Robert Sarver Rumors
Something like that, however, might have to wait until the franchise’s ownership situation is settled as Robert Sarver continues going through the process of selling it. That in and of itself made it somewhat of a surprise that a move restructuring the leadership flow got done while interim owner Sam Garvin is overseeing things. But a thought like that, the notion that getting bigger things done while a for sale sign is draped over the Suns is more difficult, is a misconception according to Jones, “That’s inaccurate,” he said. “We’re able to do our business. We couldn’t function without the autonomy and efforts of everyone on the business side as well as the basketball side. We started the season saying this was going to be another season for us where we push toward our goals of competing and we’re going to do the best job we can.
Miller expressed his dissatisfaction that players have been willing to call out owners but not one of their own. “In years past, this league has been great because the players have led the way and they have strong voices,” Miller said. “When Donald Sterling stepped in it, when Robert Sarver just recently stepped in it, our voices in the basketball community and our players were vocally strong in some type of discipline being handed down — or be gone. “The players have dropped the ball on this case when it’s been one of their own. It’s been crickets,” Miller added. “And it’s disappointing, because this league has been built on the shoulders of the players being advocates. Right is right and wrong is wrong. And if you’re gonna call out owners, and rightfully so, then you’ve got to call out players as well. You can’t go silent in terms of this for Kyrie Irving. I want to hear the players and their strong opinions as well, just as we heard about Robert Sarver and Donald Sterling.”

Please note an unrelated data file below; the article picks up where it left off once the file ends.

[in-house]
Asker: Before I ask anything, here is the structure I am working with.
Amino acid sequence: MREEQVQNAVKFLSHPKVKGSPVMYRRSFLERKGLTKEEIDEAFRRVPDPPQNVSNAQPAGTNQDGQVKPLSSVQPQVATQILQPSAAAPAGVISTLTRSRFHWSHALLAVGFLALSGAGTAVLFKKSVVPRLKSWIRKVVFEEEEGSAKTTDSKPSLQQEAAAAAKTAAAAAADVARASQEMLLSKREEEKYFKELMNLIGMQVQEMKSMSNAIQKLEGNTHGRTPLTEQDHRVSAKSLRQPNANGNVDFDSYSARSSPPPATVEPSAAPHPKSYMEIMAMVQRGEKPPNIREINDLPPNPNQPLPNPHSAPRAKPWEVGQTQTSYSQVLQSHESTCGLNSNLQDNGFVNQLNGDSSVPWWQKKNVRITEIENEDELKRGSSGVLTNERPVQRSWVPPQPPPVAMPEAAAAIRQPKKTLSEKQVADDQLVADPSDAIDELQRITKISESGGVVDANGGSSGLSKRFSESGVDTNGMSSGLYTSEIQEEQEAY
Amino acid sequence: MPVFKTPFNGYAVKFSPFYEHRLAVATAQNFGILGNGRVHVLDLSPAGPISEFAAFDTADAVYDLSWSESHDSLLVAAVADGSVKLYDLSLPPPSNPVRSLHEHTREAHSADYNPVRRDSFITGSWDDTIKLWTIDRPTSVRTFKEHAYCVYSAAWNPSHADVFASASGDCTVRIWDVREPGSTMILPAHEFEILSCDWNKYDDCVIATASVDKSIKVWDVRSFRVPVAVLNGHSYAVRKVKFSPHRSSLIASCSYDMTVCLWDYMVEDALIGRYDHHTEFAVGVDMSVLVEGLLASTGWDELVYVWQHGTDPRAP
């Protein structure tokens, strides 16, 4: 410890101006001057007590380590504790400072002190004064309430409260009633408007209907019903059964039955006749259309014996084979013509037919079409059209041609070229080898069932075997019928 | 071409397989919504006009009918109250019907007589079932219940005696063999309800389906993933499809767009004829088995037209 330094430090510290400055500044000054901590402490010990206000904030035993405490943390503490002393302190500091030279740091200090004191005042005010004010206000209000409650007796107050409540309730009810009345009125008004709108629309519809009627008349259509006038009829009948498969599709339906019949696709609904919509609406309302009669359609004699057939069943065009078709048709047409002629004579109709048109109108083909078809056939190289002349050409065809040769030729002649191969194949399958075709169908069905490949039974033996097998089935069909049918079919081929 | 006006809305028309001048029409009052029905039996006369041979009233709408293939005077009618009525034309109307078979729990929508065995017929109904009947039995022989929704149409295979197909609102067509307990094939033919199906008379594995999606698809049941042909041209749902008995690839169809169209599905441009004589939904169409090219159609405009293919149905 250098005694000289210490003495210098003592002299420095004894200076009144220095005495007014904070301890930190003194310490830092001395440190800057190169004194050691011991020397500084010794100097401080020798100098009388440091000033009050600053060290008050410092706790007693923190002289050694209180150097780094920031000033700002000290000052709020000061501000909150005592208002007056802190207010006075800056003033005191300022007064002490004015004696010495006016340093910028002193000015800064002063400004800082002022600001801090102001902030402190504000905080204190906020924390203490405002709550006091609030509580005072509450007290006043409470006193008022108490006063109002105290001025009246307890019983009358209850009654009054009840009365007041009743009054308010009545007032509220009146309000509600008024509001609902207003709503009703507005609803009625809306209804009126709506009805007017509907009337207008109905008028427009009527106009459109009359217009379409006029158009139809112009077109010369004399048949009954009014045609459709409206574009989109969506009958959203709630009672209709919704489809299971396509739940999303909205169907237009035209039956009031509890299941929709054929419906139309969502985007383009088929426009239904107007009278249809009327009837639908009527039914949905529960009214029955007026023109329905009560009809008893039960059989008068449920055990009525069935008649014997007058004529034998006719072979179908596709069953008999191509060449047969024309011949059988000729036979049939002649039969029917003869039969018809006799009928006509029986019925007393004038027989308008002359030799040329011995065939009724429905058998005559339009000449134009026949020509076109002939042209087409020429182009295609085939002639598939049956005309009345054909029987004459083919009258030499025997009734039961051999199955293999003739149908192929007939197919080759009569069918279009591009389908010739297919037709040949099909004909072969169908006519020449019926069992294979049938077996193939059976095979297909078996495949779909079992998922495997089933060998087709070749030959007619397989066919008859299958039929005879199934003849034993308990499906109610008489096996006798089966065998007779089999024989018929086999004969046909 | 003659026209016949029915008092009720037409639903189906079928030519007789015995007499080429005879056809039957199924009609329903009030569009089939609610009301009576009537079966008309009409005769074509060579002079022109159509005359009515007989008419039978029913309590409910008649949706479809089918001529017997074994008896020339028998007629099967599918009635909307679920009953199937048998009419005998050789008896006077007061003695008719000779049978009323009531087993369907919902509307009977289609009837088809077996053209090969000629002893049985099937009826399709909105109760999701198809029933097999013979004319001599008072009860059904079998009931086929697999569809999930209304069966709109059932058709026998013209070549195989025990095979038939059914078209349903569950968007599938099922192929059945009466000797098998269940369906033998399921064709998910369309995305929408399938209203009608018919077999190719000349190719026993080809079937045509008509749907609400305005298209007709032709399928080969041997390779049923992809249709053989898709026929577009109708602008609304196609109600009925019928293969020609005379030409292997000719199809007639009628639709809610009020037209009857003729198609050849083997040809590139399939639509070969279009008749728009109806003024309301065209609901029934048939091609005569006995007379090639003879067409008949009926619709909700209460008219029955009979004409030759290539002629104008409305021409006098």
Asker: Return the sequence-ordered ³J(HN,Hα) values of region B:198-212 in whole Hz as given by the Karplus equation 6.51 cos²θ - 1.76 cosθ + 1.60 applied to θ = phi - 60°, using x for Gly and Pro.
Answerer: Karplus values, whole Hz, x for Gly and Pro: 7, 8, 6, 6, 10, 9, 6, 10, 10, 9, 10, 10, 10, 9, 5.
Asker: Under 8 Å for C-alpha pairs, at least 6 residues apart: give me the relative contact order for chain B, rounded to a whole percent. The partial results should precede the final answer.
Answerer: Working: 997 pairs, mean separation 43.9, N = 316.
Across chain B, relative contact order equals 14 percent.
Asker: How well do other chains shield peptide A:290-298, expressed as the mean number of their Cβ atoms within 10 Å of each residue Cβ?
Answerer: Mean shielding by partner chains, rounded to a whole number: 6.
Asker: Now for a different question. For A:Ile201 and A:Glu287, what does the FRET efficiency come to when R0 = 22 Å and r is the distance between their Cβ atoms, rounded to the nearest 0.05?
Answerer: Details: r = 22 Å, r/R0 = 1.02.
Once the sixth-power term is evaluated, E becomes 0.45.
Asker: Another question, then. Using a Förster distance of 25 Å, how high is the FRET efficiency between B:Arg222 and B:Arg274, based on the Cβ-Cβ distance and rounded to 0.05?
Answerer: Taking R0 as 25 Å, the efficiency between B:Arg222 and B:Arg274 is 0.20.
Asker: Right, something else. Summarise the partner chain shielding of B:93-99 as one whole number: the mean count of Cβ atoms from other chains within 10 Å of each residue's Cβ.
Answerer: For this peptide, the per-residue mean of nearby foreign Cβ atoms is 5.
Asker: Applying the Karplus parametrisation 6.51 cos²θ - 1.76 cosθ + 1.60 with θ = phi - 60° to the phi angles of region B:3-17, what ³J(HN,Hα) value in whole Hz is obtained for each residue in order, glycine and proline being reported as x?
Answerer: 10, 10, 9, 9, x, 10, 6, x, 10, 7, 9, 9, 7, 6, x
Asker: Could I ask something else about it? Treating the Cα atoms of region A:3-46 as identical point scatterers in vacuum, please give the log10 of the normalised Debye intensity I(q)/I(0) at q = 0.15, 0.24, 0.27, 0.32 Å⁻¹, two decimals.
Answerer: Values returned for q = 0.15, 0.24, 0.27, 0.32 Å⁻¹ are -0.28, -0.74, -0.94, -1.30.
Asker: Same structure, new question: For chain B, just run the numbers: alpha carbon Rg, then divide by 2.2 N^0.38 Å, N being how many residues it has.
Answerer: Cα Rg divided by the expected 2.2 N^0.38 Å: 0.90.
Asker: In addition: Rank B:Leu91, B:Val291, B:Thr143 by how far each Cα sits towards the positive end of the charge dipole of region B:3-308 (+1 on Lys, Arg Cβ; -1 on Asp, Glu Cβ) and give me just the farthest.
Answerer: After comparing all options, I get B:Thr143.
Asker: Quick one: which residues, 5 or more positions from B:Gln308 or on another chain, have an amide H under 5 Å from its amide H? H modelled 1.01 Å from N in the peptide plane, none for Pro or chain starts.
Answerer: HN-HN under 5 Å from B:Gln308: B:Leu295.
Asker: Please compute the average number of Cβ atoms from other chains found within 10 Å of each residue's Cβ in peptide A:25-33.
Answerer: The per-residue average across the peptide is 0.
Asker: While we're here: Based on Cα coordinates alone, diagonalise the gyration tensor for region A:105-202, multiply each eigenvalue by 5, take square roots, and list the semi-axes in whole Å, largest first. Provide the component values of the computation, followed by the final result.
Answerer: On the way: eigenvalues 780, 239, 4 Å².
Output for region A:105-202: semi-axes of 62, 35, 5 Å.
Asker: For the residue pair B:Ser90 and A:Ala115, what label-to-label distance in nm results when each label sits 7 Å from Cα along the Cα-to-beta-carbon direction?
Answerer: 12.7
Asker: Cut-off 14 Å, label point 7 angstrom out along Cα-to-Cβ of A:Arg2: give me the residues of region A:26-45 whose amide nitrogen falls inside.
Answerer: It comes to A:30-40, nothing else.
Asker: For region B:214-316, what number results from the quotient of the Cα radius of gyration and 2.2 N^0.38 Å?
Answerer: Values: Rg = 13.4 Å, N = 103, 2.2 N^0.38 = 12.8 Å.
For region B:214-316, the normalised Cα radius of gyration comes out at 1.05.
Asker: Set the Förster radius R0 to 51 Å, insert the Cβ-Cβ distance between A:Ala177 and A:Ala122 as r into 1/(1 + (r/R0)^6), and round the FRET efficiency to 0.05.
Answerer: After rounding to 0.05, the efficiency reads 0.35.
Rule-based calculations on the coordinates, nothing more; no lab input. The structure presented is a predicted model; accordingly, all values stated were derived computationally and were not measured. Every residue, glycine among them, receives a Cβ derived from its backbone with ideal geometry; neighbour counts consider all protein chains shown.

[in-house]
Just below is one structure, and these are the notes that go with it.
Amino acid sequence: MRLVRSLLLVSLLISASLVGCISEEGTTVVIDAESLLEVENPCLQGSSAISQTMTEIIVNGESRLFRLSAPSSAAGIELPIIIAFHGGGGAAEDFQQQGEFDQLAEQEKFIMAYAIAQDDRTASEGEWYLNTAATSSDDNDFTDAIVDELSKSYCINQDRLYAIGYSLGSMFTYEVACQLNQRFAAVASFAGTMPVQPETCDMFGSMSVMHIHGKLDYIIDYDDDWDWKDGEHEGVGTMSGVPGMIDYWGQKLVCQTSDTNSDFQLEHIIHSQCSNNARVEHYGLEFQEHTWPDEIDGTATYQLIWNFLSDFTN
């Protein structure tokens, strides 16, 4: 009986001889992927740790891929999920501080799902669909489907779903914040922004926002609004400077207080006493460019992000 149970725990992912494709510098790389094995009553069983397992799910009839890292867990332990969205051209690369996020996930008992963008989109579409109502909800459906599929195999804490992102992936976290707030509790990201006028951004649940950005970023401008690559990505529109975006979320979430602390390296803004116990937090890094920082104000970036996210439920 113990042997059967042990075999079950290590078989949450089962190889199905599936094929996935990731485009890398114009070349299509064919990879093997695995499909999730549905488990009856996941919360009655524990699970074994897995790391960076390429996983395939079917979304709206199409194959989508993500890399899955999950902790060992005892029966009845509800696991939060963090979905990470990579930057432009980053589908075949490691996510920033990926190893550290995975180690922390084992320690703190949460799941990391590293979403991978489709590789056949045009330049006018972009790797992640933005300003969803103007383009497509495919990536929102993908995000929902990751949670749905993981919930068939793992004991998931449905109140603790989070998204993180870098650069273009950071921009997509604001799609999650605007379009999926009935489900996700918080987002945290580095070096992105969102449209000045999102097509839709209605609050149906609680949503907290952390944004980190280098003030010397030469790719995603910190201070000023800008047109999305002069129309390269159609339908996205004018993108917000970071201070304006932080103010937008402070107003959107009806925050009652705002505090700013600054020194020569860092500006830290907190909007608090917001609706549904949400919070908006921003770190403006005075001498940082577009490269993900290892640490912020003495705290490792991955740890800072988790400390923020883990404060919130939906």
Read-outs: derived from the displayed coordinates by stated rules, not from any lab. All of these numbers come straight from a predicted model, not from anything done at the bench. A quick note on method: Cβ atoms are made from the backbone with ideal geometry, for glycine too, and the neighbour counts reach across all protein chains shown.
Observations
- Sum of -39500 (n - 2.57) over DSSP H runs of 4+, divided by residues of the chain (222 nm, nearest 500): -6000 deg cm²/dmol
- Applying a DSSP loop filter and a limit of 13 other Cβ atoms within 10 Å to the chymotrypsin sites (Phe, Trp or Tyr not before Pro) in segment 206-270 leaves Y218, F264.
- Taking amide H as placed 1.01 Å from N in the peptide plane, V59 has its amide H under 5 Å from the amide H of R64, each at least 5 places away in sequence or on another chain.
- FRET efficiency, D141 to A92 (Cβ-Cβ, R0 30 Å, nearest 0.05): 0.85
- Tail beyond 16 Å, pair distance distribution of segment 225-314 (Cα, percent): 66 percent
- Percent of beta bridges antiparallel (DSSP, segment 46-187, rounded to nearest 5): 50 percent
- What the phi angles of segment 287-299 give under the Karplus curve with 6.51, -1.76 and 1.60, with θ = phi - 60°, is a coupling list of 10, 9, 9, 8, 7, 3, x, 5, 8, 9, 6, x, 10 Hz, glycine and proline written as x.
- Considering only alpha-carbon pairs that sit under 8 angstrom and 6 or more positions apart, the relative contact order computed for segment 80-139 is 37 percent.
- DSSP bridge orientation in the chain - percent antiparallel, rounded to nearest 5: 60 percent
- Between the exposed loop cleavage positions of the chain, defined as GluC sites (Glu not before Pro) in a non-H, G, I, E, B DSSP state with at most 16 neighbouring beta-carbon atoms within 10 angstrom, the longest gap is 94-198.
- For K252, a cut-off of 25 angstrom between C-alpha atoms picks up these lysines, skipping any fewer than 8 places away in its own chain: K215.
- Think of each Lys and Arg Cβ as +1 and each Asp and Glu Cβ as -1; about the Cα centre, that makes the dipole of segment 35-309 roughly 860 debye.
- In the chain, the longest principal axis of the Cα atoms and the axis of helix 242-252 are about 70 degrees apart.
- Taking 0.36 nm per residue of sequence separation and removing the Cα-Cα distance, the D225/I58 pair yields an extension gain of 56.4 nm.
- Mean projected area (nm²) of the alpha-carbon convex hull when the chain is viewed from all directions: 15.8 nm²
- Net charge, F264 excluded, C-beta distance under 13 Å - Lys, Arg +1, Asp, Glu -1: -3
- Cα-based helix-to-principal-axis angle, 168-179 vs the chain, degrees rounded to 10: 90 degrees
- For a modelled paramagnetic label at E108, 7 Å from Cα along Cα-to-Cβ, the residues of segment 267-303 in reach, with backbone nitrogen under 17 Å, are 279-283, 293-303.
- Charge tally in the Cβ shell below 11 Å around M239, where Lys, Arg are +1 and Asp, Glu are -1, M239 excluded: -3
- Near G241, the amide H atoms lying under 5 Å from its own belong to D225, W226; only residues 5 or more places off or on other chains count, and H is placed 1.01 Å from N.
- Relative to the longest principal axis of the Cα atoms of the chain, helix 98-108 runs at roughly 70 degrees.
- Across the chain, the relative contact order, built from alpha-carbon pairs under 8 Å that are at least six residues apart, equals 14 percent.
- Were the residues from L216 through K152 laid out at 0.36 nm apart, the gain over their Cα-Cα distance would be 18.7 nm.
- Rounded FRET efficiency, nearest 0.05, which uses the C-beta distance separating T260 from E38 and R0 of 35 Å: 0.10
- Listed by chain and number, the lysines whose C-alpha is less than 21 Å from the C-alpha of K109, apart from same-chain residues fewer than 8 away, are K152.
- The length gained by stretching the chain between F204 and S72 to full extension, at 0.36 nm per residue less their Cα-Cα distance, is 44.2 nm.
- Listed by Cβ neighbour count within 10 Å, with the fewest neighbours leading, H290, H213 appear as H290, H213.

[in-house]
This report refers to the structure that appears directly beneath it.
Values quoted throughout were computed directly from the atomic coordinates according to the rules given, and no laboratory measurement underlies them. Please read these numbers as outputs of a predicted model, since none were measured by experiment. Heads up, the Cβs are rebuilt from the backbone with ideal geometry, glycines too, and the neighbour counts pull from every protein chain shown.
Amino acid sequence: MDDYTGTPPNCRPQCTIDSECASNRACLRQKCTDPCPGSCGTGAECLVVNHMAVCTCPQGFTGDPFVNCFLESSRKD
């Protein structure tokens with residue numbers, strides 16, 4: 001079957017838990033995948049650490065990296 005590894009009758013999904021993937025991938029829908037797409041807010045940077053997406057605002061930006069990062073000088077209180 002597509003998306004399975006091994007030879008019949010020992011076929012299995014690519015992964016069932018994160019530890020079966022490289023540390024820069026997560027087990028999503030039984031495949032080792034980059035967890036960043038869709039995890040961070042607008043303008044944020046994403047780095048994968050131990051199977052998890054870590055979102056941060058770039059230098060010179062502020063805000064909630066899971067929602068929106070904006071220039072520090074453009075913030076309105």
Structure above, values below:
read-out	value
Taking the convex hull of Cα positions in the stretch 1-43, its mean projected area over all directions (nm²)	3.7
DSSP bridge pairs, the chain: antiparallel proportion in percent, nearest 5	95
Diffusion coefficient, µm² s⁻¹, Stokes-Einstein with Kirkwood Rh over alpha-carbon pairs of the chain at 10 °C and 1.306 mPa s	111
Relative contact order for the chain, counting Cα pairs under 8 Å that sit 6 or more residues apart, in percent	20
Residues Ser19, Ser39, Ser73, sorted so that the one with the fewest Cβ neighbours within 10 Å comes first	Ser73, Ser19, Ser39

Moelis & Co., the investment bank handling the sale of the Phoenix Suns for Robert Sarver, has yet to find a “whale” interested in buying the NBA team. In late September, NBC Sports reported that billionaires Jeff Bezos and Larry Ellison might have an interest. The two men, each worth over $100 billion, would certainly be the types of “whales” that could drive up the price of the Suns. But neither has made an offer so far.
One NBA team executive told me recently that he thinks there’s a greater chance that the Suns will sell for more than $5 billion than less than $4 billion. But the thinking among sports bankers is the higher-price scenario would be possible only with a whale bidding. Without the whale, they say they doubt the team would fetch $4 billion.
In comments to Phoenix Suns employees before the team’s season-opening win over the Dallas Mavericks on Wednesday, NBA commissioner Adam Silver apologized multiple times on behalf of the league office for enduring years of workplace misconduct under Suns majority owner Robert Sarver, according to sources who were present. “I’m incredibly empathetic to what many of you have lived through,” Silver said to a group of hundreds of employees, including some team executives and the team’s interim governor, Sam Garvin, who all gathered in the lower bowl of the team’s arena hours before the game.
During a nearly hour-long address, Silver, sitting on a stool and holding a microphone, said: “To the extent that you feel let down by the league, I apologize. I take responsibility for that.” Silver was later asked about whether he or the league office was aware of issues in the team’s workplace under Sarver, who led a group to buy the team in 2004. Silver stated he was not. “Did I hear ever that Robert could be difficult to deal with? Sure,” Silver told employees. “But that’s very different than conduct which is viewed as discriminatory in any way.”